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Hit the books

My World's on Fire
Hit the books
By Colleen Hagerty • Issue #105 • View online
Thanks for reading My World’s on Fire, a newsletter about disasters from journalist Colleen Hagerty. Let’s make this a regular thing—subscribe for disaster deep-dives, Q&As, and context in your inbox on Thursday evenings.

I’ll be honest: my writing brain is a bit tapped out this week. I’m currently juggling a number of deadlines, work travel, and trying to sum up my thoughts on disaster journalism for an upcoming conference, all of which you’ll be hearing about in future newsletters. But for now, I figured I’d bring in some reinforcements that have supported my reporting in the past.
As I mentioned a few newsletters ago, I recently launched a affiliate storefront to highlight some of the books that have helped inform my journalism (plus some I just thought were really good). My love of disaster-related reading is well-documented in this newsletter—shout out to the MWOF book club, which I’d be happy to bring back if there’s interest—so there’s a non-fiction section for those of you who like to stay on-brand with your beach reads, too.
While you might recognize some of the books on this list from previous newsletters, like Critical Disaster Studies and Olga Dies Dreaming, I thought I’d share how a few of the other selections influenced my work to give you a better idea of why they’re worthy of being added to your Goodreads list.
I’d also love to hear your recommendations (like I said, I have some work travel coming up, so the more books, the better)! You can reach me by responding directly to this email or you can send me your suggestions on Twitter.
I directly referenced this read from Alice Fothergill and Lori Peek in my recent feature for Teen Vogue, which profiled a few members of the Paradise High School graduating class of 2022. The book chronicles years-long studies of young people impacted by Hurricane Katrina, and I really appreciated that it’s written in a way that makes the academic work accessible to those of us who aren’t as familiar with that sort of language. The children in the book aren’t just talked about as datapoints for Fothergill and Peek—they really allow their humanity, struggles, and triumphs to shine through, and the authors similarly acknowledge their own personal challenges throughout the book.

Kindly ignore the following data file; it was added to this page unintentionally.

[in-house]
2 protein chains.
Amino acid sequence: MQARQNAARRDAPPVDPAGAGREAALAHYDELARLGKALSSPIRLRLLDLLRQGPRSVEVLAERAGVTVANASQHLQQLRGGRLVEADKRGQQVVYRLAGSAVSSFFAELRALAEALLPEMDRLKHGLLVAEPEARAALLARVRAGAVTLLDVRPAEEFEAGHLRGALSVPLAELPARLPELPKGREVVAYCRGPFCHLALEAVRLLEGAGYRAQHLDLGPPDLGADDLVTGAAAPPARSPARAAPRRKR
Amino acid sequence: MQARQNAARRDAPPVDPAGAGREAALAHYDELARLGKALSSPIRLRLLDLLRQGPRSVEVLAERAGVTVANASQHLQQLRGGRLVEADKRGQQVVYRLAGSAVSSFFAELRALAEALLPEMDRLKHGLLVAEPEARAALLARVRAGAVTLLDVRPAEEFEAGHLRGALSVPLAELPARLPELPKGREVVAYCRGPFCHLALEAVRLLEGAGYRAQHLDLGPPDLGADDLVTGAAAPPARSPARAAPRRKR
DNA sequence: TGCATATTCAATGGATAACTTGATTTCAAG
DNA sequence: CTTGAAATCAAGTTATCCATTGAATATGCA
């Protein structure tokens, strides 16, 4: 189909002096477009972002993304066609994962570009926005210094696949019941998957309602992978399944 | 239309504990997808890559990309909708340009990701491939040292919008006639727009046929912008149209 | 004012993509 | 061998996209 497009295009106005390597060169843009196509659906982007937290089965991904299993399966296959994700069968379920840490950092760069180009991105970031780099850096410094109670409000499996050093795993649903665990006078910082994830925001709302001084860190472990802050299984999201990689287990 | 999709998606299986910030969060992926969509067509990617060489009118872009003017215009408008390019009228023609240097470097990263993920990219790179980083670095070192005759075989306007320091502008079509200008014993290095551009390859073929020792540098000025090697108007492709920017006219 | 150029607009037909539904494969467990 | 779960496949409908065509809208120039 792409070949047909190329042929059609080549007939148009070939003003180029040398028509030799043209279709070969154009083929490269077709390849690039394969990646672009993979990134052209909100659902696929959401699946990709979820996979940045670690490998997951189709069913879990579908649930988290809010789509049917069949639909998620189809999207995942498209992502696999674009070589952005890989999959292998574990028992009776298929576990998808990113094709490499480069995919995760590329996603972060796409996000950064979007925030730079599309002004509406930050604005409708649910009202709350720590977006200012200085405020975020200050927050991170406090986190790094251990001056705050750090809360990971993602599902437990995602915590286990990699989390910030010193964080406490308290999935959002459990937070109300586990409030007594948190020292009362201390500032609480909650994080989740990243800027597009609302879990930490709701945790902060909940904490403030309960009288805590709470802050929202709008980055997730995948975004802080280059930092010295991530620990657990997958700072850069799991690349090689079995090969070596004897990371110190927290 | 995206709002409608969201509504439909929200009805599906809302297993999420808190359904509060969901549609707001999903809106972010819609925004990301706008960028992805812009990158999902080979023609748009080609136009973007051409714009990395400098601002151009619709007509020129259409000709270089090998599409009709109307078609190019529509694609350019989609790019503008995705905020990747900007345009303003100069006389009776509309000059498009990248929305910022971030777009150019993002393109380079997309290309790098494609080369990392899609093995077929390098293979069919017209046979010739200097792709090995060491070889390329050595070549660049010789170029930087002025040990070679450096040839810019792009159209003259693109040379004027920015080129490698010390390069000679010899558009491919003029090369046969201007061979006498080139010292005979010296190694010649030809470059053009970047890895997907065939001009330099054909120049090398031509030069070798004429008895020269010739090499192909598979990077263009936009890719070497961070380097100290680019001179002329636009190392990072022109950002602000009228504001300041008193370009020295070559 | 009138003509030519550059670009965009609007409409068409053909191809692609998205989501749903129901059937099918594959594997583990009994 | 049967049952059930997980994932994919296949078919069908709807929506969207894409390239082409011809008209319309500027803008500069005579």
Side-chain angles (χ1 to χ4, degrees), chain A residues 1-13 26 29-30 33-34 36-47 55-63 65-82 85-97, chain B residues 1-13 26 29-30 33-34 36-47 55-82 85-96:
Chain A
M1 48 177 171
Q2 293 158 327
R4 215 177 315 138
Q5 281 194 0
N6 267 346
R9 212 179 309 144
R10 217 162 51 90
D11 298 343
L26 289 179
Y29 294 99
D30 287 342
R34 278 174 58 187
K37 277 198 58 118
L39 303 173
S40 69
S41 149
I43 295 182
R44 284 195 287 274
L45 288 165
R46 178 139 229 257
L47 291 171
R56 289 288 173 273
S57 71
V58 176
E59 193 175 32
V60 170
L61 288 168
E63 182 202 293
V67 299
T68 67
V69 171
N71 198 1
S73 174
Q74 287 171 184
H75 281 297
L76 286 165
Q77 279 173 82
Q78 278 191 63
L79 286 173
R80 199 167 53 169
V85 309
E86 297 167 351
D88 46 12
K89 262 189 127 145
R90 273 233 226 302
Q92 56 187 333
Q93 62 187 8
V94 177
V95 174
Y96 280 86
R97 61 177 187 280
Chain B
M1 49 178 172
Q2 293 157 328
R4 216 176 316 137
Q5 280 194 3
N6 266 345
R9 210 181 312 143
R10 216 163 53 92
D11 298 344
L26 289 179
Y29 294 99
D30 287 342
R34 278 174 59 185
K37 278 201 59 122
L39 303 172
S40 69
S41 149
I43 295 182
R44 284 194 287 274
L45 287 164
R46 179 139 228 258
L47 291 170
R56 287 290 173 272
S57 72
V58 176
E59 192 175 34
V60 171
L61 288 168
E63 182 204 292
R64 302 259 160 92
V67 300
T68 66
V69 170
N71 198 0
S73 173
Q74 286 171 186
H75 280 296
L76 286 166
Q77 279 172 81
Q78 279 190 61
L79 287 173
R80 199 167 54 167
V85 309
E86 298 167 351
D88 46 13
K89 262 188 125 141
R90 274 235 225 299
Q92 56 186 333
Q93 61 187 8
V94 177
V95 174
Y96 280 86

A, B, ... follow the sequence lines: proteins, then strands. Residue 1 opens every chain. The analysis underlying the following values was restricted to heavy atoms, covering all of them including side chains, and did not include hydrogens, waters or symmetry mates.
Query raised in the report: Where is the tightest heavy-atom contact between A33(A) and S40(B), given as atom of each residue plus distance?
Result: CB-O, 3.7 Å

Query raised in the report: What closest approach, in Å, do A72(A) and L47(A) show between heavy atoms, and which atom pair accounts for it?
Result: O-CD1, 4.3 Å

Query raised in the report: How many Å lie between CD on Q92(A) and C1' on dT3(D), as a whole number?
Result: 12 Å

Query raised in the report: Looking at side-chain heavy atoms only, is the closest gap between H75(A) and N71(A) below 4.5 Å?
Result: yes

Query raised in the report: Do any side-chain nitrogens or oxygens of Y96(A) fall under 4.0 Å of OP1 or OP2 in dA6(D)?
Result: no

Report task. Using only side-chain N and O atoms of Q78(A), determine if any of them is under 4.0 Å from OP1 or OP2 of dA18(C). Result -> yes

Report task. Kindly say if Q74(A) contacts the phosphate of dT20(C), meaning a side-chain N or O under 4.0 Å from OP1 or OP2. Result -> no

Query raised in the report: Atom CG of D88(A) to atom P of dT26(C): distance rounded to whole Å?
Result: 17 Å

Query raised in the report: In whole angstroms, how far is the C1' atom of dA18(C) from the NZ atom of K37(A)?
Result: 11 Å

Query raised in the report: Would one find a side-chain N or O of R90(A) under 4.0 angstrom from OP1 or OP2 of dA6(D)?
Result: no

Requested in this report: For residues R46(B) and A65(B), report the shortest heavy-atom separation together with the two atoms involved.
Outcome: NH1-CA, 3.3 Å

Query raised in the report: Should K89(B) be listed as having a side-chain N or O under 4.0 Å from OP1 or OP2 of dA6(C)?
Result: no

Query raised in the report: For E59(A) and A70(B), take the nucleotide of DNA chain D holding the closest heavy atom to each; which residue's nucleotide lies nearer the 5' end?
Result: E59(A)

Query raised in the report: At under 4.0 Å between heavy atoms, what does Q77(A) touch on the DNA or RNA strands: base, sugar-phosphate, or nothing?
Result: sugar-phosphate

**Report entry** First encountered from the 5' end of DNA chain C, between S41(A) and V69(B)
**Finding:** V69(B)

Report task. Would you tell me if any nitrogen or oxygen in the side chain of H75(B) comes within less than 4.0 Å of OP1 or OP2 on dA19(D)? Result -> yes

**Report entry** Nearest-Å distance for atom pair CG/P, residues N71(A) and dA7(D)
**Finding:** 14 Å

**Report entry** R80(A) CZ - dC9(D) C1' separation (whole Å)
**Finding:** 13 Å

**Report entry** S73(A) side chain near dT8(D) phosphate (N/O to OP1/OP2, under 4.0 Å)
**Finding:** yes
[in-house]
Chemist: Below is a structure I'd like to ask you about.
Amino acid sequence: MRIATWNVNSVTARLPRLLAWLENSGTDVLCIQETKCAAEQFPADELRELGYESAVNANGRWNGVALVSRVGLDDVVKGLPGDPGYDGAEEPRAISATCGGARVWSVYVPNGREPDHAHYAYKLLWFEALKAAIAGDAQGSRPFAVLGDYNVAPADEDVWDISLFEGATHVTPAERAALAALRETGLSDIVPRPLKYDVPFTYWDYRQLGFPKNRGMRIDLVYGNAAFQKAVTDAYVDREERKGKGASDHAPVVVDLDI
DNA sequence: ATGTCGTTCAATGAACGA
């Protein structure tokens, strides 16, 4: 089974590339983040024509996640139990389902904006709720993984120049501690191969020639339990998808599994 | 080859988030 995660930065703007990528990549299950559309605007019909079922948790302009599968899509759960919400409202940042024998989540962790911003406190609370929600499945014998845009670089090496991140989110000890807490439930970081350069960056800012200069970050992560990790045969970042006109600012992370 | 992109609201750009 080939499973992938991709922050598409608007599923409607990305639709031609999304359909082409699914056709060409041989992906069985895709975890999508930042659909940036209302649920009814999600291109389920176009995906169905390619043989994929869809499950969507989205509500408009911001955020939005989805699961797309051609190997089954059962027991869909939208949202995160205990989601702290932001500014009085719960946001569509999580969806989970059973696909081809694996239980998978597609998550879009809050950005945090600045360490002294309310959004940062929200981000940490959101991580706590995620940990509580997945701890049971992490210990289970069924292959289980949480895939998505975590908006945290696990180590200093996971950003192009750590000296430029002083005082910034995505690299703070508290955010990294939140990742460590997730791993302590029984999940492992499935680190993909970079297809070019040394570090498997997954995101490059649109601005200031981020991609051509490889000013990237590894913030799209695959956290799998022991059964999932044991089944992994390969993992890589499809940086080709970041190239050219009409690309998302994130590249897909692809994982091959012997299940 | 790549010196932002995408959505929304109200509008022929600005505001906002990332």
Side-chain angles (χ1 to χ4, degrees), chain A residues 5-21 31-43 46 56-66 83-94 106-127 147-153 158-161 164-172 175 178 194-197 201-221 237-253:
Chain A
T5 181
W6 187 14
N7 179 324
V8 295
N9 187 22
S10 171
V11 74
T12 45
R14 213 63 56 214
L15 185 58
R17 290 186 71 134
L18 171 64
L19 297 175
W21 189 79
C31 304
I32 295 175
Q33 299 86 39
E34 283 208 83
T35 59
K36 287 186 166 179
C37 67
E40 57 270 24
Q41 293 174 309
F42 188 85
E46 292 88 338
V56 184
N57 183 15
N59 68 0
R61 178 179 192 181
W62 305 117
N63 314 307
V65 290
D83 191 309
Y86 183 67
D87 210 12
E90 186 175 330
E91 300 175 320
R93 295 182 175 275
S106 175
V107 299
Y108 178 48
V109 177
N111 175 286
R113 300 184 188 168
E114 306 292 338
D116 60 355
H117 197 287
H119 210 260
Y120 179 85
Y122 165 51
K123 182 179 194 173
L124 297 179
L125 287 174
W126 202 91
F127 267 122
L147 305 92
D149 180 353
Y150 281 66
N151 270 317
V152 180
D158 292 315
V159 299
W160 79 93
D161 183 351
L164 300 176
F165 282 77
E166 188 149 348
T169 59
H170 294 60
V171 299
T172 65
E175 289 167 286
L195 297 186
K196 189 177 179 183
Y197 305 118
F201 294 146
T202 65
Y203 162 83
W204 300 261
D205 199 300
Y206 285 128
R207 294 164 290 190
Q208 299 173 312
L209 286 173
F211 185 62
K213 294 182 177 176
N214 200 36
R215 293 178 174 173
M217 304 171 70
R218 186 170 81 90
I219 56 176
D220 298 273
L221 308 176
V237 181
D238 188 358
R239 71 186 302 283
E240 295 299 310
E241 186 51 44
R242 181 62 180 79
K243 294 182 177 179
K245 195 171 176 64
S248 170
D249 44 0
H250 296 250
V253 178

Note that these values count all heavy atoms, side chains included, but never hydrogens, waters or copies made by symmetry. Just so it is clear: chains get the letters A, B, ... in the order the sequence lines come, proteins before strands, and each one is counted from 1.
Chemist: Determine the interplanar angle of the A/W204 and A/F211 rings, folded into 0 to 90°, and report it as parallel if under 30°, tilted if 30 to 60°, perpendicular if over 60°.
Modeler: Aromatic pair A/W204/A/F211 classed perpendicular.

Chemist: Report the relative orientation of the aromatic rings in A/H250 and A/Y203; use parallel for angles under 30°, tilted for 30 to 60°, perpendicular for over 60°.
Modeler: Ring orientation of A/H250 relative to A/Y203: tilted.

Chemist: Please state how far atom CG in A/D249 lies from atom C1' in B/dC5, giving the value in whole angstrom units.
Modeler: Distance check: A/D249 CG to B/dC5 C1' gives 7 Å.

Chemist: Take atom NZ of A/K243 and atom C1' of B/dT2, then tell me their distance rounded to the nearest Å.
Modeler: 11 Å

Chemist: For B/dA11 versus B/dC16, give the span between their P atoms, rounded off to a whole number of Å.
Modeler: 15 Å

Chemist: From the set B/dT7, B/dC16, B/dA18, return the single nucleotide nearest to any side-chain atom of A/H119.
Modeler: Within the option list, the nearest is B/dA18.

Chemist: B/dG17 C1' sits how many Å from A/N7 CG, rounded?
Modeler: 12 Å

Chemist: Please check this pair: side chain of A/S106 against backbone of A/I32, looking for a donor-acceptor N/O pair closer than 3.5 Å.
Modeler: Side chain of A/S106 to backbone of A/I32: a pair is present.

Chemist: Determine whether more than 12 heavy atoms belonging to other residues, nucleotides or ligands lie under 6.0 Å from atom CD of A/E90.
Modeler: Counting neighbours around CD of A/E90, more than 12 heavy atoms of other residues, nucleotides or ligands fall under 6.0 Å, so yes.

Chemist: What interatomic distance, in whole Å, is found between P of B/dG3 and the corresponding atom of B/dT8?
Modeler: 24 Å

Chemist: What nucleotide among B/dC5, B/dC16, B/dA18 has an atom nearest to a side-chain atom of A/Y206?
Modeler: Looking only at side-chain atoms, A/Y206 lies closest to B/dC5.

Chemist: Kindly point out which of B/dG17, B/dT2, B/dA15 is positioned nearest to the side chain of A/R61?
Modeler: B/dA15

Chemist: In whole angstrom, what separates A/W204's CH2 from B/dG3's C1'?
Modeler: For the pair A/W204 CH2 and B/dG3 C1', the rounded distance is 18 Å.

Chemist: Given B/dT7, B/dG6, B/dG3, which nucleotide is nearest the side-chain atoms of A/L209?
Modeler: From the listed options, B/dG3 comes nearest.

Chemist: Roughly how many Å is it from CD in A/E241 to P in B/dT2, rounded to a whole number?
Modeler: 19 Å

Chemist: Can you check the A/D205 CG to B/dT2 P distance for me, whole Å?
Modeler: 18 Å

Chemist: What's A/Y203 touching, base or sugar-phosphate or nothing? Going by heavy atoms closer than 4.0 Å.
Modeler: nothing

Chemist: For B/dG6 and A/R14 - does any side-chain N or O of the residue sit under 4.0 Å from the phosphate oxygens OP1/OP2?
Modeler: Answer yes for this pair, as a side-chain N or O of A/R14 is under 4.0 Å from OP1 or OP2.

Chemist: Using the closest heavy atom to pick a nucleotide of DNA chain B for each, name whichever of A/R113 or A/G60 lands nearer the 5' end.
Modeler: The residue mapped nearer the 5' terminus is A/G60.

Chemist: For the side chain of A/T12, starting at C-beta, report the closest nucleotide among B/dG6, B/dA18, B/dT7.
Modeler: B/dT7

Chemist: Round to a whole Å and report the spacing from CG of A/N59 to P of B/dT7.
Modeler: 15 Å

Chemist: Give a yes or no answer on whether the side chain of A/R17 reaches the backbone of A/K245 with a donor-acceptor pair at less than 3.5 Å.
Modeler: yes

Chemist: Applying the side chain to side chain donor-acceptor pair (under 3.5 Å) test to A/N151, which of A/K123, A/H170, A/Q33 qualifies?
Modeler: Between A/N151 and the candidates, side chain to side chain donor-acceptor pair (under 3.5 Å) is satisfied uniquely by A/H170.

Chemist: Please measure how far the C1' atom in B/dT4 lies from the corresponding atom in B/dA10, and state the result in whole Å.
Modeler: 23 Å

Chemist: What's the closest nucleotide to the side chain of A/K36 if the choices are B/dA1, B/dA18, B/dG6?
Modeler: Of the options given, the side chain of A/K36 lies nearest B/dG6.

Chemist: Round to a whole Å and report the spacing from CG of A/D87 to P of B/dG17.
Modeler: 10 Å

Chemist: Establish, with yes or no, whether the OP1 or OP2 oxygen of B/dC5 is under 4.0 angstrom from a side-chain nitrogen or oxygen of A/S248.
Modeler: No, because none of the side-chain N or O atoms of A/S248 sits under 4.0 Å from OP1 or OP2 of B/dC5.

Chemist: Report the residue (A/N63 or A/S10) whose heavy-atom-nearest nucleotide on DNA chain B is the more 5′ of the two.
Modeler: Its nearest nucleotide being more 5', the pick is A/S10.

This compilation of reporting from Rebecca Solnit spans decades and countries to share the stories of the communities that are formed following disasters. I read this book while writing about a Facebook group created in the aftermath of the 2018 Camp Fire, and it offered a fascinating framework for viewing how technology has and has not changed the ways we come together after disasters.
Wild by Design (currently reading)
Author Dr. Laura J. Martin was kind enough to send me this book, which she told me “grapples with a fundamental question of our century: how far should humans go to help other species survive planetary crisis?”
Dr. Martin reached out at a particularly appropriate time since I’m currently writing about long-term hurricane recovery in the Northeast, and a large part of my research has been looking at efforts to protect and bolster marine life in coastal regions. A number of the experts I have spoken with shared the struggle of trying to support the “natural” ecosystem while acknowledging to the new needs of our changing climate. I’m still in the thick of this one, but I definitely recommend it already!
So, how about this weather?
If you’re in the market for a more regular read, I highly suggest subscribing to Currently. It’s a newsletter and weather service that centers climate change, equity, and justice while providing timely forecast updates for 19 global cities. You can also check out the website for original journalism, including an excellent series of explainers that delve into topics like tornado safety, snowstorm safety, and wildfire safety.
Right now, Currently is running a survey for emergency managers to learn more about how their services can best support this critical workforce. I know some of you work in this space, so I hope you’ll take a few minutes to fill it out!
As always...
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This week’s subscriber shout-out goes to Jacob Remes:
Jacob Remes
In @colleenhagerty newsletter this week, a short story about how the connections—the social capital—built during a teacher’s strike are being repurposed in the wake of the Kentucky floods.
Now, here’s a little something for reading to the end.
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